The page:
Since these fish are on the smaller end of the spectrum, the minimum tank size for a single Blue Panaque Pleco is 20-gallon long (30″ x 12″ x 12″). If you plan on having a group of 3-4 fish in a well-decorated aquarium, you need to invest in a tank that’s at least 40 gallons (36″ x 18″ x 16″). You can keep younger juveniles in smaller tanks, but they will need more space once they mature.

It’s a good idea to keep them as the only pleco or bottom dwellers in the tank because they can be very aggressive and territorial against other catfish and bottom dwellers, especially these blue-colored fish. So if you have two males or other bottom dwellers, you’ll need at least 75 gallons (48″ x 18″ x 21″) tanks. 

Water Conditions

These strikingly colored catfish do best in soft, slightly acidic to neutral water. They also require warmer water (at least 77°F), fast water flow, and plenty of oxygen.

However, do remember warm water holds less dissolved oxygen than cold water. To ensure a higher oxygen level and strong currents in your tank, either a river-tank manifold or powerheads is your best bet. Personally, I prefer the former as it creates a more natural water flow.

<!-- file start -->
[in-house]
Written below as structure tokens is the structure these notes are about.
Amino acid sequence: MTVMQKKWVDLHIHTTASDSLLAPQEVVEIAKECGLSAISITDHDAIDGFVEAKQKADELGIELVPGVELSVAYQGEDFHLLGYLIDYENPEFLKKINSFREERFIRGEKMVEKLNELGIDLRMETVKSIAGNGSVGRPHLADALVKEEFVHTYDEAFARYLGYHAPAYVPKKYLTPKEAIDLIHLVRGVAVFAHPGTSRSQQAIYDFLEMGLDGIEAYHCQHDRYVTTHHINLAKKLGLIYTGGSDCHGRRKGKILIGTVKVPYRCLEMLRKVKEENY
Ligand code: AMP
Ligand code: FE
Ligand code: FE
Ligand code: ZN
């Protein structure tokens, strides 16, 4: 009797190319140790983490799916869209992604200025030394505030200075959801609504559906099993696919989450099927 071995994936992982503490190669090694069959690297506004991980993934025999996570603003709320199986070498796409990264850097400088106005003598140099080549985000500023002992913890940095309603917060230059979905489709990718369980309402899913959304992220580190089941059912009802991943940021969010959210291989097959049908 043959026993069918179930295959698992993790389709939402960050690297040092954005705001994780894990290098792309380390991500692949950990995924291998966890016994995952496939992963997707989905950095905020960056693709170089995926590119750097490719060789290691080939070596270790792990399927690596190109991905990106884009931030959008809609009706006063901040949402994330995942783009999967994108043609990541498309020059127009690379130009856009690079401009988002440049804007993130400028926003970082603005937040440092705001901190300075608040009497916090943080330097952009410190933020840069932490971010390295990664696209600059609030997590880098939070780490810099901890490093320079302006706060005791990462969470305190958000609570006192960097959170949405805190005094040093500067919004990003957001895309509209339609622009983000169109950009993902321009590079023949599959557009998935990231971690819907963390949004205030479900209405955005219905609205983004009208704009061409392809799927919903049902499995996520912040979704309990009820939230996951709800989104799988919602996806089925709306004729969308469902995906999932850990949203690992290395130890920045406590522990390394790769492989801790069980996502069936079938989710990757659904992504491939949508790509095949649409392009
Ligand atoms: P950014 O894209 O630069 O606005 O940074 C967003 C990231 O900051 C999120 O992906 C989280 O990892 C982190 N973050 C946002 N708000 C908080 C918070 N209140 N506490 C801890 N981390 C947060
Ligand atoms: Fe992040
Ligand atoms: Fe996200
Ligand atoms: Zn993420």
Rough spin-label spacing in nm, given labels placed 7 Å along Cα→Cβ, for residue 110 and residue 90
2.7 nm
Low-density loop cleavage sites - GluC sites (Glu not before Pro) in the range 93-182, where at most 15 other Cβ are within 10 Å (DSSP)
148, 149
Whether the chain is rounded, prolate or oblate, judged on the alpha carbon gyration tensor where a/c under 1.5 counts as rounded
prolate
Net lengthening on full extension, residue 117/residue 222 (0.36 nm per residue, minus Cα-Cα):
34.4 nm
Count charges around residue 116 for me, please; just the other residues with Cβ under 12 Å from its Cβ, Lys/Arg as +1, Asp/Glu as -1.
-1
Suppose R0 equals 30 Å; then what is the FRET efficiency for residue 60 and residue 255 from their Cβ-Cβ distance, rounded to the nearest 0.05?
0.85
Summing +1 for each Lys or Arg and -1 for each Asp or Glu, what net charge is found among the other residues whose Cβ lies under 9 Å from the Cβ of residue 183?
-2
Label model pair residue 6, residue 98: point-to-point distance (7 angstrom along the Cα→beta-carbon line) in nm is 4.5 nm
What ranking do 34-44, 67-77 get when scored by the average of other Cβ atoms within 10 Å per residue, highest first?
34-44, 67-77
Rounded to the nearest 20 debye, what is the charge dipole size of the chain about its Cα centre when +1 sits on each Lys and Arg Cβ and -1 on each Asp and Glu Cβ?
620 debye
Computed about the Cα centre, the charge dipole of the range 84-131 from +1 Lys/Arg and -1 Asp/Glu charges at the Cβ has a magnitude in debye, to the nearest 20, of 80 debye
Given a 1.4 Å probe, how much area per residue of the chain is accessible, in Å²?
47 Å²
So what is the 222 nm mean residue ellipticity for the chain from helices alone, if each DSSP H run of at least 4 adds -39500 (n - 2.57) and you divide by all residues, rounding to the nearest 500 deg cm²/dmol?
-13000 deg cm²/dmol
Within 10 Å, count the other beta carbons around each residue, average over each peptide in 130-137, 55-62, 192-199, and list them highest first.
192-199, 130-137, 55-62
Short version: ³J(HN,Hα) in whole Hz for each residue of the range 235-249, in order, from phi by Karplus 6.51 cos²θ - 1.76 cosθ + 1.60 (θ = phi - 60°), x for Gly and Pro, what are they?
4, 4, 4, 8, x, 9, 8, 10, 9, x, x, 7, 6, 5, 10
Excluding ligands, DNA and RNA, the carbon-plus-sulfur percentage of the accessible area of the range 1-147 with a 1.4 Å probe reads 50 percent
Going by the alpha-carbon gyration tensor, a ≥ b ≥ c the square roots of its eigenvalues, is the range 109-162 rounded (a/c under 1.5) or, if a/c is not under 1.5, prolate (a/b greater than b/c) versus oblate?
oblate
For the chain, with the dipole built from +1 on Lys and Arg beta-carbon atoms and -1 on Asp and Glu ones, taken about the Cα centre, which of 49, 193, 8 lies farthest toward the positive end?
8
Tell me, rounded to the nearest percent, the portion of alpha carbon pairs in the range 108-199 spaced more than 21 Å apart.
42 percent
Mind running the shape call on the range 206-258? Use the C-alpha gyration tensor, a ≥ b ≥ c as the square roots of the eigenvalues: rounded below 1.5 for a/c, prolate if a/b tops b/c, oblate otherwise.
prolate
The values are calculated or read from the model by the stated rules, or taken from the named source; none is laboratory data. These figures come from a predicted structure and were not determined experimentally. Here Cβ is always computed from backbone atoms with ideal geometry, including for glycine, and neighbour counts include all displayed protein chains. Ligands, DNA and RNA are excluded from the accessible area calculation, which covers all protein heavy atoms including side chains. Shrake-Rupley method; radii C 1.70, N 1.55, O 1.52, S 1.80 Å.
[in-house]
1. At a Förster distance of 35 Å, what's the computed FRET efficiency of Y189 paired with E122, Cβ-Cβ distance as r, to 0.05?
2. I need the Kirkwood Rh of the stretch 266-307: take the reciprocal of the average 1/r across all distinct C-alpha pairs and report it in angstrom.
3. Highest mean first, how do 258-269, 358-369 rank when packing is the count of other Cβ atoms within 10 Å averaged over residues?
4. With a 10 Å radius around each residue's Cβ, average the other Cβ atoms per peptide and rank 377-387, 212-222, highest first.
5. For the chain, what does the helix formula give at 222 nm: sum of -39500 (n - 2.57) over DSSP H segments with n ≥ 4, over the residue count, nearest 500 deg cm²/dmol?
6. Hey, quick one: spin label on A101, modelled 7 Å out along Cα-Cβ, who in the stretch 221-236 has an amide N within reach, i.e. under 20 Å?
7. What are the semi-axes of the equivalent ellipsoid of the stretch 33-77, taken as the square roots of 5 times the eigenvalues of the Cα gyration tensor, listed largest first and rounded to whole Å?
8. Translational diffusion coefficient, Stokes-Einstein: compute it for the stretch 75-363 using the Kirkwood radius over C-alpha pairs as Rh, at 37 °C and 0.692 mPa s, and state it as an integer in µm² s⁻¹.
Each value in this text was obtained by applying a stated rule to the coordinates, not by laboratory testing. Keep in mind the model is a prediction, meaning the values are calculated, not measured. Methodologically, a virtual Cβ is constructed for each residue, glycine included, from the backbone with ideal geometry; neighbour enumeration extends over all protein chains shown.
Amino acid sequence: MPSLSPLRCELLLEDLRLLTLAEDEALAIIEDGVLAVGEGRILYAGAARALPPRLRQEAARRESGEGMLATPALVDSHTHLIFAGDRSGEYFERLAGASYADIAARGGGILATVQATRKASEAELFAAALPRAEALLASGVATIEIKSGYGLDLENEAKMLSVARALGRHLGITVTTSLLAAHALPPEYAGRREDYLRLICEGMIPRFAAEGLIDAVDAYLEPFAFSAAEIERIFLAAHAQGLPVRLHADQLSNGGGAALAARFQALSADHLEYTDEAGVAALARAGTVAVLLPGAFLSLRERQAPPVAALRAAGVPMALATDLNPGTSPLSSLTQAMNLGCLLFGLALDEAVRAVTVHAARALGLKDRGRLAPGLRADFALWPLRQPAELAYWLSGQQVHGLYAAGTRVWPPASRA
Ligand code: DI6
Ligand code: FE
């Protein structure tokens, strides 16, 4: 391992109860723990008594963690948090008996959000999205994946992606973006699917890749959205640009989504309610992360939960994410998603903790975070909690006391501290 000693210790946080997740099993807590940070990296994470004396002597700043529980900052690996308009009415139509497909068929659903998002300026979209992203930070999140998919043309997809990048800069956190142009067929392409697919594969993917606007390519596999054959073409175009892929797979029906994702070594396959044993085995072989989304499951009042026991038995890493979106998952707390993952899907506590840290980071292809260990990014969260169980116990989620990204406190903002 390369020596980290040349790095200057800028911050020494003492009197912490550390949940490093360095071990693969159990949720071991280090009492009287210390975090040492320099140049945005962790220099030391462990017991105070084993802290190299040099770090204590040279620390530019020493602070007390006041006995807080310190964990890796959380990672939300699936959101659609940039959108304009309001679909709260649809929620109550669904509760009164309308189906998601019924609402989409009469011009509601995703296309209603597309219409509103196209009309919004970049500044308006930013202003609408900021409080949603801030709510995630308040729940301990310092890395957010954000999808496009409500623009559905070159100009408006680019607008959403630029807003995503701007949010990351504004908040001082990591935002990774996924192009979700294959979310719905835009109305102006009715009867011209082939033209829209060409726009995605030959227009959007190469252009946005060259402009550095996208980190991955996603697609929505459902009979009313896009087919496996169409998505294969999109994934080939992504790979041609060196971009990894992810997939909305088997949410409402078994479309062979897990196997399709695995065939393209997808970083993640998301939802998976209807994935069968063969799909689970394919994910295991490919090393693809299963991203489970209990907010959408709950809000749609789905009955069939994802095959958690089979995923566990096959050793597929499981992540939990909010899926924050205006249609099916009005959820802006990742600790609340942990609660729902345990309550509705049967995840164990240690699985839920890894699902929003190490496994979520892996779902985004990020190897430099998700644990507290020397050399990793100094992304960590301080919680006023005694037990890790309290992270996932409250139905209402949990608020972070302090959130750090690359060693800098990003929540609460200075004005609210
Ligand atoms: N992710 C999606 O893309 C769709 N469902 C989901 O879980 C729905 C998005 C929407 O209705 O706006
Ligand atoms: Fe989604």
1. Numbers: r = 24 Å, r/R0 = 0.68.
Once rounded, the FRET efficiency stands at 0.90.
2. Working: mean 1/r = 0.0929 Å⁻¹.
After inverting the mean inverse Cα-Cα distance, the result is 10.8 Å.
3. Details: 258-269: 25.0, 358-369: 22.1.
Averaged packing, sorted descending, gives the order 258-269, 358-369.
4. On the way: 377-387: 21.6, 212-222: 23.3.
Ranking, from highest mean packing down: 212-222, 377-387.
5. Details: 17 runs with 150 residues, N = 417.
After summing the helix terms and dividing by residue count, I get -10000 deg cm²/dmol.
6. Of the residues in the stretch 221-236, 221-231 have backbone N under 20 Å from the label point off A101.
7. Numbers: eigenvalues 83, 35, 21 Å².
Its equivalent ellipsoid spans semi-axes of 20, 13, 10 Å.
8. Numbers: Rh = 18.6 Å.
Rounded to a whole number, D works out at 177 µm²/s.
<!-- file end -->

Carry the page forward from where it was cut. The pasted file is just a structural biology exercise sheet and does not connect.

Here are some basic parameters to stick to:

  • Water Temperature: 77°F – 86°F (25°C – 30°C)
  • pH Level: 5.5 – 7.0
  • Water Hardness: 0 – 12 dGH

A strong filter is also a must as these fish are quite messy, and you’ll need to do weekly water changes of 15% – 30%, depending on your bioload.


In addition to a substrate of variably-sized pieces of smooth rocks, bogwood or driftwood branches should be used to create plenty of shady caves and grazing areas for Blue Panaque plecos.

Plants that can be attached to driftwoods or other decor are a good idea, but Blue Panaque plecos will also rasp at softer aquarium plants, so choose carefully. Anubias spp. and Bolbitis spp. are good options that will provide good places to promote the growth of aufwuchs, which these plecos love to eat.